Of the many obstacles to improving employee engagement in an organization, creating buy-in for employee engagement surveys and respective change initiatives is perhaps one of the most challenging—and the most prolific. Are senior executives actually indifferent about employee engagement? Are managers too close-minded to realize the positive effects of engagement? Are employees too needy or too hard-to-please? The answer to any of these questions is simply “No.” Don’t believe me? Keep reading.
DecisionWise recently brought on a group of student interns from Brigham Young University to conduct a study of employee engagement best practices. Among other interesting conclusions, this study found that a significant portion of companies reported that senior executives would clearly buy into employee engagement initiatives if provided with an executive summary of the findings—including potential action items that would directly impact the bottom line. The keys here? Clear findings with clear recommendations for action.
Executive teams’ self-interests are similar across many organizations. You will want to anticipate the answers to these potential questions when working with members of this team:
- What is driving engagement in our organization?
- How does engagement impact our bottom line?
- How do we measure up with competitors?
- What are my employees saying, and why does it matter?
Answering these questions in an executive summary is the most effective way to create buy-in with senior executives. From the companies surveyed, one firm indicated that having an executive summary “made all the difference” in getting buy-in from the company’s senior management. Other companies commented on the design of the executive summary, specifically mentioning the influence of displaying the top five drivers and the top five inhibitors of engagement in the firm. I’ll ask again, are senior executives indifferent when it comes to employee engagement? Definitely not—they just might not recognize the financial power engagement holds.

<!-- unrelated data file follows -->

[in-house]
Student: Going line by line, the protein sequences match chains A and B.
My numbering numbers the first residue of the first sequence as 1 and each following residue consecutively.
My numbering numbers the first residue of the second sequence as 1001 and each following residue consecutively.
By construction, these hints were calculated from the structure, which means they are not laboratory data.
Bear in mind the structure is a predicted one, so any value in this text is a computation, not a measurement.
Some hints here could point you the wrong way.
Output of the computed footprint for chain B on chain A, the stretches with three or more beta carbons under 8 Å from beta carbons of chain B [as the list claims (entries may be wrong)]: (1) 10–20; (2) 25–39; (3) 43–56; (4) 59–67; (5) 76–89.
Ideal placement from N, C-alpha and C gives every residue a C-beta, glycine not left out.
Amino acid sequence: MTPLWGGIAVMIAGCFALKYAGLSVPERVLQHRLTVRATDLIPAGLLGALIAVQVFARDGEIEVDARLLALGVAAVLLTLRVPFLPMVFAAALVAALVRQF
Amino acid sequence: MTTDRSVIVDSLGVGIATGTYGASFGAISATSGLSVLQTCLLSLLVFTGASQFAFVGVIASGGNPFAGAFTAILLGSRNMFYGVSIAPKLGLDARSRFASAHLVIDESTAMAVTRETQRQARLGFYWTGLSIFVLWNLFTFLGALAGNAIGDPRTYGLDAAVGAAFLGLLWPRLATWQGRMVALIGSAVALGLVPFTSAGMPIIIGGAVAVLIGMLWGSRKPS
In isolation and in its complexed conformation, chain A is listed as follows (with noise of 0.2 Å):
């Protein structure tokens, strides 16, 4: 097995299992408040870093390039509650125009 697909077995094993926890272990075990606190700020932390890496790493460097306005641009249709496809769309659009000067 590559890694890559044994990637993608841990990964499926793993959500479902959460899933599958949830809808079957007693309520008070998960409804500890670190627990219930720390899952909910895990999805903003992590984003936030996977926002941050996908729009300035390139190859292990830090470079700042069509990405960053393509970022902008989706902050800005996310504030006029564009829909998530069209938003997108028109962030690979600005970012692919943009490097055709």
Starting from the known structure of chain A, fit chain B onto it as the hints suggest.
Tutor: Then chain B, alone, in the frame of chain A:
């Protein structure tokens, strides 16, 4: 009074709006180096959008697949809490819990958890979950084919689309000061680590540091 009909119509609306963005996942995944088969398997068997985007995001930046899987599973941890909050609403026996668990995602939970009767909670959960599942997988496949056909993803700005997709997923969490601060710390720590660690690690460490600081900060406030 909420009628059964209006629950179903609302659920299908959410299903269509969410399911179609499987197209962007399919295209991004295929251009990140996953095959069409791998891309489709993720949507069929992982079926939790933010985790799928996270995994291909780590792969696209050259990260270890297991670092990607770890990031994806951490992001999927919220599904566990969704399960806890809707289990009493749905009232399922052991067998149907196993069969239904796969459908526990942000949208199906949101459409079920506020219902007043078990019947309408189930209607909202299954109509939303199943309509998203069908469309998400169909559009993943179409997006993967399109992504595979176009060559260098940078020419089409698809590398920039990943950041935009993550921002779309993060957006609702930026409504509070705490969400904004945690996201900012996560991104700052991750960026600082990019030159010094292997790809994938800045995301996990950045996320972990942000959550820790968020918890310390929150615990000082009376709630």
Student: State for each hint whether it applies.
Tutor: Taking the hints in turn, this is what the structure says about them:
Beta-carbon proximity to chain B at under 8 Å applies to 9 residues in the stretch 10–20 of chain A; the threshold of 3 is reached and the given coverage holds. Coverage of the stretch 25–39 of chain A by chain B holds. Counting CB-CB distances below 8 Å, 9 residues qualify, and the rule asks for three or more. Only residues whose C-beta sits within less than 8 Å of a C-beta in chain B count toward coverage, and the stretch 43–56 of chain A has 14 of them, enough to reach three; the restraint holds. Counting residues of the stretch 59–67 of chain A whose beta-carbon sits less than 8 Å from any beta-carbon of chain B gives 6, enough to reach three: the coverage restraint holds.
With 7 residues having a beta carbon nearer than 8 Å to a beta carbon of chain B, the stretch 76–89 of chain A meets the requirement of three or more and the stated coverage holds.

Managers, like senior executives, are concerned with the organization’s bottom line; however, managers also crave understanding of a company-wide vision for the engagement initiative. Why does implementing cultural change matter? Answering this question with rock-solid financial and operational figures and a concrete definition of your vision for the employee-engagement project will help you get buy-in from this group. So, are managers actually close-minded? No, they simply need help seeing “the big picture”—one that covers all departments, locations, and job levels in the organization.
Disengagement breeds disengagement. Some studies report that disengaged employees annually cost firms $3,400 for every $10,000 of salary. If an engagement initiative starts but does not succeed, engagement rates fall according to the following pattern:
- 33% of employees are engaged before any surveys are issued.
- 25% (↓ 8%) of employees are engaged if surveys are completed, but a firm does not create any action plans.
- 20% (↓ 5%) of employees are engaged if surveys are completed, action plans are made, but no follow-through is achieved.
Thus continues the vicious cycle, unless and until the engagement initiative is completed successfully. Survey results indicate that working on action plans that can be accomplished more quickly and more early in the year help employees see immediate changes, thereby creating buy-in. In our experience working with companies in over 60 countries, we’ve witnessed a very common trend: employees don’t want promises; they want action. Are your employees really asking for too much? Not at all.
If you’re experiencing some push-back from any of these groups as you prepare to roll out another employee-engagement and cultural-change program, try the above recommendations.
Have you experienced friction from different groups in your organization when trying to start employee-engagement surveys and cultural-change initiatives? How have you responded to the skepticism? Share your stories with us in the comments.